Police investigations revealed that the three women had been travelling back and forth between Eldoret, Rongo, Bungoma, Narok and Meru.

The arrest

To arrest Ms Anyango, detectives exploited her strained relationship with her husband. The landlady of her house in Rongo was asked to inform the teacher that Mr Midamba would be vacating the house in two days and if she had anything to collect, that was the time.

True to their plan, Ms Anyango and her father arrived at the house in a canter lorry. The police pounced on the woman and immediately arrested her.

At the time of her arrest, Mrs Anyango was with her two-year-old son and had no information about her daughter's whereabouts.

The Narok connection

But that same Friday night, something happened: "It was 2am. A teacher friend in Homa Bay was travelling from Nairobi to Rongo. She called me in Narok and told me that she had seen my daughter on the side of the road. She gave chase and caught the girl. Her bus even abandoned her and I had to pay for both of them to be taken to Rongo Police Station. Mr Midamba said.

The teenager was taken into custody and interrogated.

It was then revealed that the girl and a group of about ten other teenagers were undergoing some kind of teaching at a centre in Narok.

At the time of going to press, the police were still trying to locate the centre.

"They don't eat in the evening, they don't watch TV or radio. They think the current education system is Babylonian and they want real education," said Mr Midamba.

He went on to say that he has learnt that the newfound faith does not believe in conventional medicine.
"There are families that have broken up because of this," Mr Midamba added.

The management of Rongo Success Academy, where the couple's daughter is studying, told the Nation that this was not the first case they had dealt with.

"We are happy that she finished her studies, the other cases, about five that we have had, were of students who were bright; they were invited to seminars or keshas and the next thing we notice is that the child doesn't come to class anymore, they don't perform as well," said a teacher at the school.

Nation reporters had spoken to Pastor Charles Nyakure about the matter.

Mr Nyakure is the Seventh-day Adventist president of the Ranen Conference in Rongo. He clarified: "The group you are talking about, I know and have heard about. Their teachings are not Adventist teachings".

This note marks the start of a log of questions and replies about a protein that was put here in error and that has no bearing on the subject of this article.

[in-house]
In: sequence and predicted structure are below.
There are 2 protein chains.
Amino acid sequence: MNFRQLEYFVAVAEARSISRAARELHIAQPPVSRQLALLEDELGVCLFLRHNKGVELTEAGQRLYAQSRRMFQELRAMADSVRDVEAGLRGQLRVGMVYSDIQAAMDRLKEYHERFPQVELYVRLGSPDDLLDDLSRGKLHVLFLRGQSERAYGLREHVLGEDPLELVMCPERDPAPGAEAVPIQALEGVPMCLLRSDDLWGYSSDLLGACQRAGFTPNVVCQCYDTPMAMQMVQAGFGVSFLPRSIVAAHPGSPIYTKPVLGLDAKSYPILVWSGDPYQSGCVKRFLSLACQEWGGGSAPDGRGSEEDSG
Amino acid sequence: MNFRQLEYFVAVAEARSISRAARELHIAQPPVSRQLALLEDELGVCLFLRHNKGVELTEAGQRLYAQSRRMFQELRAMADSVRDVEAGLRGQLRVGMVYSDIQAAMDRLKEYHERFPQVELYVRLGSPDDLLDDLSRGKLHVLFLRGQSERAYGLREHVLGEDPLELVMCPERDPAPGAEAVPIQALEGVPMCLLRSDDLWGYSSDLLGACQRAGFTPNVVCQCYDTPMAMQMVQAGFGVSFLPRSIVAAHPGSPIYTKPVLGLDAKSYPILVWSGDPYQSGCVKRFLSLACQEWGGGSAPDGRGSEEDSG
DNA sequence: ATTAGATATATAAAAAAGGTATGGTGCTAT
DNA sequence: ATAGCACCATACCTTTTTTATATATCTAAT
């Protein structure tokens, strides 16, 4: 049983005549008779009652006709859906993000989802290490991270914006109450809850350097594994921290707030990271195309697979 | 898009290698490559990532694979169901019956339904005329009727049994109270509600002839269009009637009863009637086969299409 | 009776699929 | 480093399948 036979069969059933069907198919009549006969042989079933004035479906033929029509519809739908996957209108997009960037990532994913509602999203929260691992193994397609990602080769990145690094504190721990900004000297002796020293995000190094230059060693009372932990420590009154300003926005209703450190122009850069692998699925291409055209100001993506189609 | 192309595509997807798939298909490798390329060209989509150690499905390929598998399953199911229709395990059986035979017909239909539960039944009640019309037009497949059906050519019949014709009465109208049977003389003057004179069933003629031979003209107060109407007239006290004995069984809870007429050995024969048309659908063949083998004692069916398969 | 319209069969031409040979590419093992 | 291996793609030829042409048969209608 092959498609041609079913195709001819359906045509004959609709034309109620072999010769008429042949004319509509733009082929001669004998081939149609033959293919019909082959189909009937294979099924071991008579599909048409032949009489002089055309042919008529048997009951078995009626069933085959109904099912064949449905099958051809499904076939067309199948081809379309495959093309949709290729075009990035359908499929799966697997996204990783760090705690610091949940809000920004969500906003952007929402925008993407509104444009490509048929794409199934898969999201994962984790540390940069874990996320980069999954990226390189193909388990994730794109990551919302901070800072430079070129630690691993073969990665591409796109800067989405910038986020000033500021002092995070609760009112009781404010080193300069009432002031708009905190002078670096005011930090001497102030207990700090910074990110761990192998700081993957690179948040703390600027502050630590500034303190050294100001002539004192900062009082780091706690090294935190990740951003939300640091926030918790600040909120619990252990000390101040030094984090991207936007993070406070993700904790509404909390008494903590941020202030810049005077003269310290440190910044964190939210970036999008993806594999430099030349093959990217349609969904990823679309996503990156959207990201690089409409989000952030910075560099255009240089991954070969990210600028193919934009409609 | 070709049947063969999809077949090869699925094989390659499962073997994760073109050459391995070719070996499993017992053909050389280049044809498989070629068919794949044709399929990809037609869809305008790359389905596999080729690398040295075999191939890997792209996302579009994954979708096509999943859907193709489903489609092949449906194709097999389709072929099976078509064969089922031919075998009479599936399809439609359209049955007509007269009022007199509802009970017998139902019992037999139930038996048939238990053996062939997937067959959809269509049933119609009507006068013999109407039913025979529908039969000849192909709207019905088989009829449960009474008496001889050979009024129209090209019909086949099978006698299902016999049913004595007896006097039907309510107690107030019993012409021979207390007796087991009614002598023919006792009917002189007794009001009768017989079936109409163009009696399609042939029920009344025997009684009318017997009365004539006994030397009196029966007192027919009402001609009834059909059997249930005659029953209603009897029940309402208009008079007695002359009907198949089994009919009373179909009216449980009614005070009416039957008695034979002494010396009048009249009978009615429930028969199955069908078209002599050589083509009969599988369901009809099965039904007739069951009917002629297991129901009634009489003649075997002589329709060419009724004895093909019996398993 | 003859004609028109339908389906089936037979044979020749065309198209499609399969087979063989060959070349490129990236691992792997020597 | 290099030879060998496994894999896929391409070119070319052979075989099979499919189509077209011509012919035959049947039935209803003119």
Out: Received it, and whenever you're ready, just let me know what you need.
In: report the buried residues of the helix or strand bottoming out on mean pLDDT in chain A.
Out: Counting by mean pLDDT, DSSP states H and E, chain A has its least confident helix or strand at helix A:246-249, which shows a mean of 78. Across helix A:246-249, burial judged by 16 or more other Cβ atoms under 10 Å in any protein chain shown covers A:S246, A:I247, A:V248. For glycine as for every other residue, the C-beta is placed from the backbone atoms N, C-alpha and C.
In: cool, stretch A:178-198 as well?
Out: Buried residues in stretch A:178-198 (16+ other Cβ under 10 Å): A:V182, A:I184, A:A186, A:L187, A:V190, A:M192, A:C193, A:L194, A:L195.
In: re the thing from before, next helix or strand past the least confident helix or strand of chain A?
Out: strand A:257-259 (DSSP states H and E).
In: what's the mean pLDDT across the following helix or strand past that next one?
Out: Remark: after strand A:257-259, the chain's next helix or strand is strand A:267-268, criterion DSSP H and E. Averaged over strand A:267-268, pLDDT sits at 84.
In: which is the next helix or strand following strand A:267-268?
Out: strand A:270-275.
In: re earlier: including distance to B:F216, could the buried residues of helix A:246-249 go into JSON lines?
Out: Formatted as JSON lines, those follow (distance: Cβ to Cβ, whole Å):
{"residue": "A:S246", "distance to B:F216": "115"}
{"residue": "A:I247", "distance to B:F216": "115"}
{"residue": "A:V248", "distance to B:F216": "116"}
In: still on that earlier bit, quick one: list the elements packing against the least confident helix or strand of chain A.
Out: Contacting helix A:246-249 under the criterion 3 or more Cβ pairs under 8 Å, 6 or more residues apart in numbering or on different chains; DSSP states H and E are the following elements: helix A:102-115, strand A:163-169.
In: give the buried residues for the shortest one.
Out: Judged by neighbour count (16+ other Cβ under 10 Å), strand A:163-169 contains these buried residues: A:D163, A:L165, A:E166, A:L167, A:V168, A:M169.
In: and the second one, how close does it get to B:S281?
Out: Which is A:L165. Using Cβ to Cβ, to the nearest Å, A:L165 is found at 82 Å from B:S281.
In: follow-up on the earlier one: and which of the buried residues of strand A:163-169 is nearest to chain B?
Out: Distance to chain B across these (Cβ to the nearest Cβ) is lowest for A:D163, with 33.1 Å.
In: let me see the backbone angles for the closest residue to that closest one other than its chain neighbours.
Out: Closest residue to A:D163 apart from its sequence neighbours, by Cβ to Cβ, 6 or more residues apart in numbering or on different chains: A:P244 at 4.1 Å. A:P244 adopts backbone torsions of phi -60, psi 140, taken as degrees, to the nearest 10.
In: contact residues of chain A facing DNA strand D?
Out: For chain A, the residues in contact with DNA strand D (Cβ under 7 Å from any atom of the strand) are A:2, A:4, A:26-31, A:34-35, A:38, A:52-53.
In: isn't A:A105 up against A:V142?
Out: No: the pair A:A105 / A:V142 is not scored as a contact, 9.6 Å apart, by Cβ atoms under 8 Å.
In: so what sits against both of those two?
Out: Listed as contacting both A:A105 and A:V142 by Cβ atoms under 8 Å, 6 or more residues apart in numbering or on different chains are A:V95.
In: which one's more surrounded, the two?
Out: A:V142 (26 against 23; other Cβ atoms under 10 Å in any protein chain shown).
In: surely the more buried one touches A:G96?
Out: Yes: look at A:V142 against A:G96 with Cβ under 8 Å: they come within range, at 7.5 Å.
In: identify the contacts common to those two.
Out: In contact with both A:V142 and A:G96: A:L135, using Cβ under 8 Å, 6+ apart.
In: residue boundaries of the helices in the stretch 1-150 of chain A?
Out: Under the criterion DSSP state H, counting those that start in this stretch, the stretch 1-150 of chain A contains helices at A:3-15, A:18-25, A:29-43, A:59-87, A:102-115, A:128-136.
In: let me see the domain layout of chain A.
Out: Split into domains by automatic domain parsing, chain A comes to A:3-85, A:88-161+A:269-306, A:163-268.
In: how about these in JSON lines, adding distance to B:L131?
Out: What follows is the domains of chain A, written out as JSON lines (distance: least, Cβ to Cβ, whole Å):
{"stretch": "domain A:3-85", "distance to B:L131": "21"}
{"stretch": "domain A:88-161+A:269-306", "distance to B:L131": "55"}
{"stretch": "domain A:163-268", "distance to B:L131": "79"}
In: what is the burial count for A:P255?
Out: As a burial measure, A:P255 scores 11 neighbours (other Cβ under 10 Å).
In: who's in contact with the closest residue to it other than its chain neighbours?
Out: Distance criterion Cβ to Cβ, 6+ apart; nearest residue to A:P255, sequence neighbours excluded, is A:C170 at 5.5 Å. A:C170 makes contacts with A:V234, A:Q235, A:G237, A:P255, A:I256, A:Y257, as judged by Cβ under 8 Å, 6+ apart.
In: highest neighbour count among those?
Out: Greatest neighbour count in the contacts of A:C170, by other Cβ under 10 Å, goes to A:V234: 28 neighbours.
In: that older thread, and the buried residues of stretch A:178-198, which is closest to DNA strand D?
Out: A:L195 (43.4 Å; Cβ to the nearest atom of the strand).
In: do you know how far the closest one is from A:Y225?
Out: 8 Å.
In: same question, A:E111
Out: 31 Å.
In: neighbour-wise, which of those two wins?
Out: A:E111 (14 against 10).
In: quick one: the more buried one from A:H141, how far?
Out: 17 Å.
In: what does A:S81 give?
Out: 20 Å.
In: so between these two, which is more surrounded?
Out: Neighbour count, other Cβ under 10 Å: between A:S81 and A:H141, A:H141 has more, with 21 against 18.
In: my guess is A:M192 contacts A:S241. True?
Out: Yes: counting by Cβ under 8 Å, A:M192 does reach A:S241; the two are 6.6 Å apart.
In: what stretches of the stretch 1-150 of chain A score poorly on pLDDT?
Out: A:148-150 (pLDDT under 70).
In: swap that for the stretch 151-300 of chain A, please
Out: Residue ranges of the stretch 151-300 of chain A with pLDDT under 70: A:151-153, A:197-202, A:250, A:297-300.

Mr Nyakure was responding to questions about the sect's withdrawal of children from school,
"The Adventist Church is built on the foundation of education and health. We have full-fledged health centres, we have schools in our name, and Baraton University is ours. So let no one confuse our members that they are speaking in our name and against these values," said Pastor Nyakure.

Moses Nyankuru, a Nairobi-based businessman and leader in the SDA hierarchy, is the father of one of the women involved in the Rongo saga.

Frastromola Bosire, 27, is a medical technician. She obtained her diploma from a college in Meru.

Mr Nyankuru says that Ms Mola was apparently radicalised shortly after completing her studies. However, the medical engineer did not attend her graduation ceremony or collect her certificates.

"It was only recently that I was able to reach her on the phone, and every time I speak to her, she says she is on missionary work. Sometimes in Eldoret, Meru, Bungoma. I don't even understand it anymore," said a frustrated Mr Nyankuru in a telephone interview.

We have authoritatively confirmed that what happened at Rongo Church with the three women and three children is true.
But Pastor Charles Nyakure and other members of the SDA congregation have confirmed that the controversial and dramatic teachings are not part of Adventist practice.

After being off the radar for several weeks, the three women - Ms Frastromola, Ms Obbo and Ms Anyango - contacted the Nation after seeing the online promotions of our NTV broadcast and requested that we postpone the story to allow them to respond.

However, apart from denying that they were in an Adventist offshoot, the trio did not respond to other specific questions about the events in Rongo, Bungoma, Kilifi, Narok and Eldoret.

The story in Rongo reads like the teachings of guest missionaries at the Jomo Kenyatta University Seventh-Day Adventist Union (JKUSDA) between 2014 and 2017.

The teachings had caused several students to drop out of the Thika Road-based university.

"It was a big disaster, some of them came back and graduated but most of them just disappeared," Dr Duncan Onyango told the Nation.

Dr Onyango is a lecturer in the School of Medical Systems Engineering at the Technical University of Kenya (TUK) and a former member of JKUSDA.

Dr Onyango told the Nation: "These things have been happening within the Adventist Church, it is just that they have been handled internally, this one is just causing an uproar because now everyone will be talking about it.

As of Sunday 7 April, the Kanga High School teacher had not reported back to school. The couple's daughter is being taken to a government facility in Kisii by the children's section of Rongo police station for psychological counselling and school preparation.

"Why have they detained her, they should at least allow us to see her, they are torturing her instead of the supposed counselling," Ms Anyango told the Nation.

Mr Midamba says he plans to file a case in the Mombasa High Court to gain custody of the children.

Ms Anyango is fighting to contest the paternity of the children, saying Mr Midamba is not the father of the children he is fighting to protect.

Ms Frastromola Bosire and Ms Pauline Obbo are yet to be found or to report to the police in Bungoma or Rongo where investigations have been launched.